Despite it being almost the end of November and plenty cool, it still hasn't gotten really cold here, nor has it snowed. Last year was the most mild winter I've experienced in my time here in Norway, and you know what? It was kind of lame. I mean seriously Norwegian weather, no white Christmas?! Norway of all places should definitely have a white Christmas every year! And now that we've had our official Christmas season opening here in town (in Norwegian it's known as Julegateåpeningen), I'm ready for all things Christmasy and wintery. Apparently the weather hasn't gotten the memo. But that's not going to stop me from rolling out the winter baking, starting with these Mexican hot chocolate macarons!
Mexican Hot Chocolate Macarons
Makes about 40 macarons
For the macaron shells:
1 cup (145 grams) packed almond flour
¼ cup (25 grams) baking cocoa
⅔ cup (145 grams) powdered sugar
1 tbsp. powdered egg whites OR meringue powder
1 tsp. cinnamon
¼ tsp. cayenne pepper
¾ cup (150 grams) granulated sugar
4 egg whites
For the filling:
½ pint (1 cup) heavy whipping cream
1-2 tbsp. granulated sugar
People often think macarons are difficult, and although they can be a finicky dessert with lots of places to go wrong, they're really not as difficult as their reputation might lead you to believe. A couple of tips for macaron success: 1. weigh your ingredients when possible (anything around a teaspoon or two can just be measured out instead of weighed), 2. use a template to make sure your macarons are the same size and therefore finish baking at the same time, and 3. the devil is the in the details so make sure to follow your recipes to a "t."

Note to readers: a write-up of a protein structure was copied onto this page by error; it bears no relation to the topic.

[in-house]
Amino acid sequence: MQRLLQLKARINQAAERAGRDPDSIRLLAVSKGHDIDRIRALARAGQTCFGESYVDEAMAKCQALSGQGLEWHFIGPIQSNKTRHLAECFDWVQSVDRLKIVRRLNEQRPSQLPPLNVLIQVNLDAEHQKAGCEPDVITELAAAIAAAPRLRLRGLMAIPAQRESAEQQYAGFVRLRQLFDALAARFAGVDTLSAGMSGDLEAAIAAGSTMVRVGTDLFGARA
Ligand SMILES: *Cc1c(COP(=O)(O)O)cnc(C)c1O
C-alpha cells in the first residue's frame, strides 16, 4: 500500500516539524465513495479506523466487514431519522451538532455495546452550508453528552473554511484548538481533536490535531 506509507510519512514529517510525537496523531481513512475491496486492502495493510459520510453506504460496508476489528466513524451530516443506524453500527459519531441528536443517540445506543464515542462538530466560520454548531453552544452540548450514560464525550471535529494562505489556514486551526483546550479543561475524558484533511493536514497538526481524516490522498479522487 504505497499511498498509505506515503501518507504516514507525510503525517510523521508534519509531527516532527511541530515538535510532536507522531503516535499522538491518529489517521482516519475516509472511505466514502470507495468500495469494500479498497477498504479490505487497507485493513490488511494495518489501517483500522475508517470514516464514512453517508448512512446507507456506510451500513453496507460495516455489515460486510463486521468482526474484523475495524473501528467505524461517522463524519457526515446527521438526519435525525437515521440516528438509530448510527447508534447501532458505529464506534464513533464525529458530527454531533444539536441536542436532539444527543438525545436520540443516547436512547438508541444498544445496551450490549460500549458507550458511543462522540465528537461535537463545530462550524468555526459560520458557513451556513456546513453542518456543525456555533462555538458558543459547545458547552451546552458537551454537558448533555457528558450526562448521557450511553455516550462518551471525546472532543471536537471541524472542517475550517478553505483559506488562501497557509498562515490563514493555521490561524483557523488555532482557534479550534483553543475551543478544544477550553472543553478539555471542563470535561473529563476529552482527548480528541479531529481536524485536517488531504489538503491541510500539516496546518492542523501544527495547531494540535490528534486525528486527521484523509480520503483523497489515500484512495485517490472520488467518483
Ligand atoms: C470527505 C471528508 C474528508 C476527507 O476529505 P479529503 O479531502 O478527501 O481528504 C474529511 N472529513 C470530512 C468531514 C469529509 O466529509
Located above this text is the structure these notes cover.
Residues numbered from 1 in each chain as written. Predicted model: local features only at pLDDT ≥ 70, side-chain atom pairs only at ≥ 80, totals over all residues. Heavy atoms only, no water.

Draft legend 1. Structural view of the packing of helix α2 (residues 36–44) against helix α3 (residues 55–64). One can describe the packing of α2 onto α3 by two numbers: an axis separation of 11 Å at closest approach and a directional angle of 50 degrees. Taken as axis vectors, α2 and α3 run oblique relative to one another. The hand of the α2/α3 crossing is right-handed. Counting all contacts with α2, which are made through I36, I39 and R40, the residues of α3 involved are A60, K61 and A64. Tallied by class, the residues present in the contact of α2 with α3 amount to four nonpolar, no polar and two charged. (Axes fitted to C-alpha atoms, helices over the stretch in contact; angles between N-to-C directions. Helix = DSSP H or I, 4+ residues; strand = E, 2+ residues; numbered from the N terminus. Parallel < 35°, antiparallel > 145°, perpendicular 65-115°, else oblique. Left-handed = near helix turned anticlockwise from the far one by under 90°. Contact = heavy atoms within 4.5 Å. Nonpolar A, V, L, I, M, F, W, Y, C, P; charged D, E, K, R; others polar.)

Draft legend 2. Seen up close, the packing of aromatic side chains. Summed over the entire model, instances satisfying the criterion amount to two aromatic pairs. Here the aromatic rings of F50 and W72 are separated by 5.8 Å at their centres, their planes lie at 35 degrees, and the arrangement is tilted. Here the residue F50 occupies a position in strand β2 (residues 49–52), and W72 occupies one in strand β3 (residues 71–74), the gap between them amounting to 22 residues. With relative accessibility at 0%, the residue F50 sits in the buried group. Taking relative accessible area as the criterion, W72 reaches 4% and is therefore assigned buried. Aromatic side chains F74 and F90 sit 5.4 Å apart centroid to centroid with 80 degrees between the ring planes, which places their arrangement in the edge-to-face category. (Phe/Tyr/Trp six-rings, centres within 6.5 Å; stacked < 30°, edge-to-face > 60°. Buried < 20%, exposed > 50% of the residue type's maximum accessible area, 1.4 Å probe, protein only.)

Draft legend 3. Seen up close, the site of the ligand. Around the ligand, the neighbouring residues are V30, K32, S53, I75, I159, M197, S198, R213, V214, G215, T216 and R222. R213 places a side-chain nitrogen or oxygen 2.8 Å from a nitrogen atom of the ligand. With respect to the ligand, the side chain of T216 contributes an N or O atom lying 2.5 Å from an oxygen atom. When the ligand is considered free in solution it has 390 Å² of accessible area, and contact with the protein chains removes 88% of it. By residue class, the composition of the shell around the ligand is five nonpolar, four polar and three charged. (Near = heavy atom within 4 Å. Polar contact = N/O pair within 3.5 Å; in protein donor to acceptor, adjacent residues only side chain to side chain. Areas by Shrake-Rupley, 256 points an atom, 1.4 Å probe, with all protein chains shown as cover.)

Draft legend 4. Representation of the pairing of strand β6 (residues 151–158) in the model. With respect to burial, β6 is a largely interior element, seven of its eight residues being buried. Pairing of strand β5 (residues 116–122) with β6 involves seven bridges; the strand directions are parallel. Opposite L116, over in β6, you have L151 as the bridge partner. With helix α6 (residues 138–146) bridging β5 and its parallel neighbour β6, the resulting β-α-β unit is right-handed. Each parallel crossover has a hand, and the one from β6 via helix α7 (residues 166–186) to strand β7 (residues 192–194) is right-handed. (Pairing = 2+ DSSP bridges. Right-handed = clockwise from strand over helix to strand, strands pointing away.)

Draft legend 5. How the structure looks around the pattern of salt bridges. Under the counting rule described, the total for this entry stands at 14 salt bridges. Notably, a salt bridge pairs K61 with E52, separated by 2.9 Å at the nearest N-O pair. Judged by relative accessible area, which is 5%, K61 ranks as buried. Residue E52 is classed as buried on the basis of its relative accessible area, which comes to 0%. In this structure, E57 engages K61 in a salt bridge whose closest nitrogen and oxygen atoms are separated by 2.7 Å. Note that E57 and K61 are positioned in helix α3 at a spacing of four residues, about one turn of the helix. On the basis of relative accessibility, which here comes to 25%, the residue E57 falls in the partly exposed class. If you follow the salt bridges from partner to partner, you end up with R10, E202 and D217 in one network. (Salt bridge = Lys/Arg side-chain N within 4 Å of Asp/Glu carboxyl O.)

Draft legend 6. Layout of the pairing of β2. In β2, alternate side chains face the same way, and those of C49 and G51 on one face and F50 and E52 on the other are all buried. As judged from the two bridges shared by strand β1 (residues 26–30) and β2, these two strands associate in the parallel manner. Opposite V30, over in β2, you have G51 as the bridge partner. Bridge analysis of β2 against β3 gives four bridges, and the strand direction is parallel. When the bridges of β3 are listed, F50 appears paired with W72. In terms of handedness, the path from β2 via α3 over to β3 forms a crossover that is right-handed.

To make these macarons, start by sifting together your almond flour, baking cocoa, powdered sugar, cinnamon, and cayenne pepper. If you want an extra smooth shell, you can pulse these dry ingredients a few times in a food processor (since I don't currently have one myself, I skip this step). In a large bowl, whisk together your egg whites, egg white powder (or meringue powder), and granulated sugar. Beat on high until a stiff meringue forms (about 11 minutes). You know your meringue is done when you can tip the bowl upside down and the meringue doesn't move. Using a spatula, gently fold your meringue into your dry ingredients until just incorporated.
Line your baking sheets with parchment paper, and spoon your macaron mixture into a piping bag. Using a template as a guide (you can print out a template here), pipe all of your macaron shells (mine are about 1" in diameter). This is a bit of a departure from the way I've made macarons in the past, but I find this technique leads to a much nicer shell with more even feet. Firmly slam your baking sheets down to release any air bubbles and let your shells air dry on your counter for 30-60 minutes.
Preheat your oven to 325*F (160*C) and bake your dried macaron shells for 10-12 minutes. While the shells cool, you can whip up your filling. Since I was making Mexican hot chocolate macarons, a whipped cream filling seemed only fitting! In a medium bowl, whip your heavy whipping cream on high until soft peaks form, add your granulated sugar, and continue whipping until you have stiff peaks. Spoon the mixture into a piping bag (I used a large star tip) and pipe onto half of your cooled macaron shells. Top with the other half of the shells, and give them a light dusting of powdered sugar if you'd like (it doesn't really add to the flavor, but I thought it was pretty!).
Recipe adapted from Les Petits Macarons
Technique adapted from Patisserie at Home and Pascal
These look and sound amazing and your presentation is beautiful!
The Simple, Sweet Life says
Thank you! 😀
Looks lovely!!! Thank you so much for linking up at Tasty Tuesday! Your recipe has been pinned to the Tasty Tuesday Pinterest board! Please join us again this week!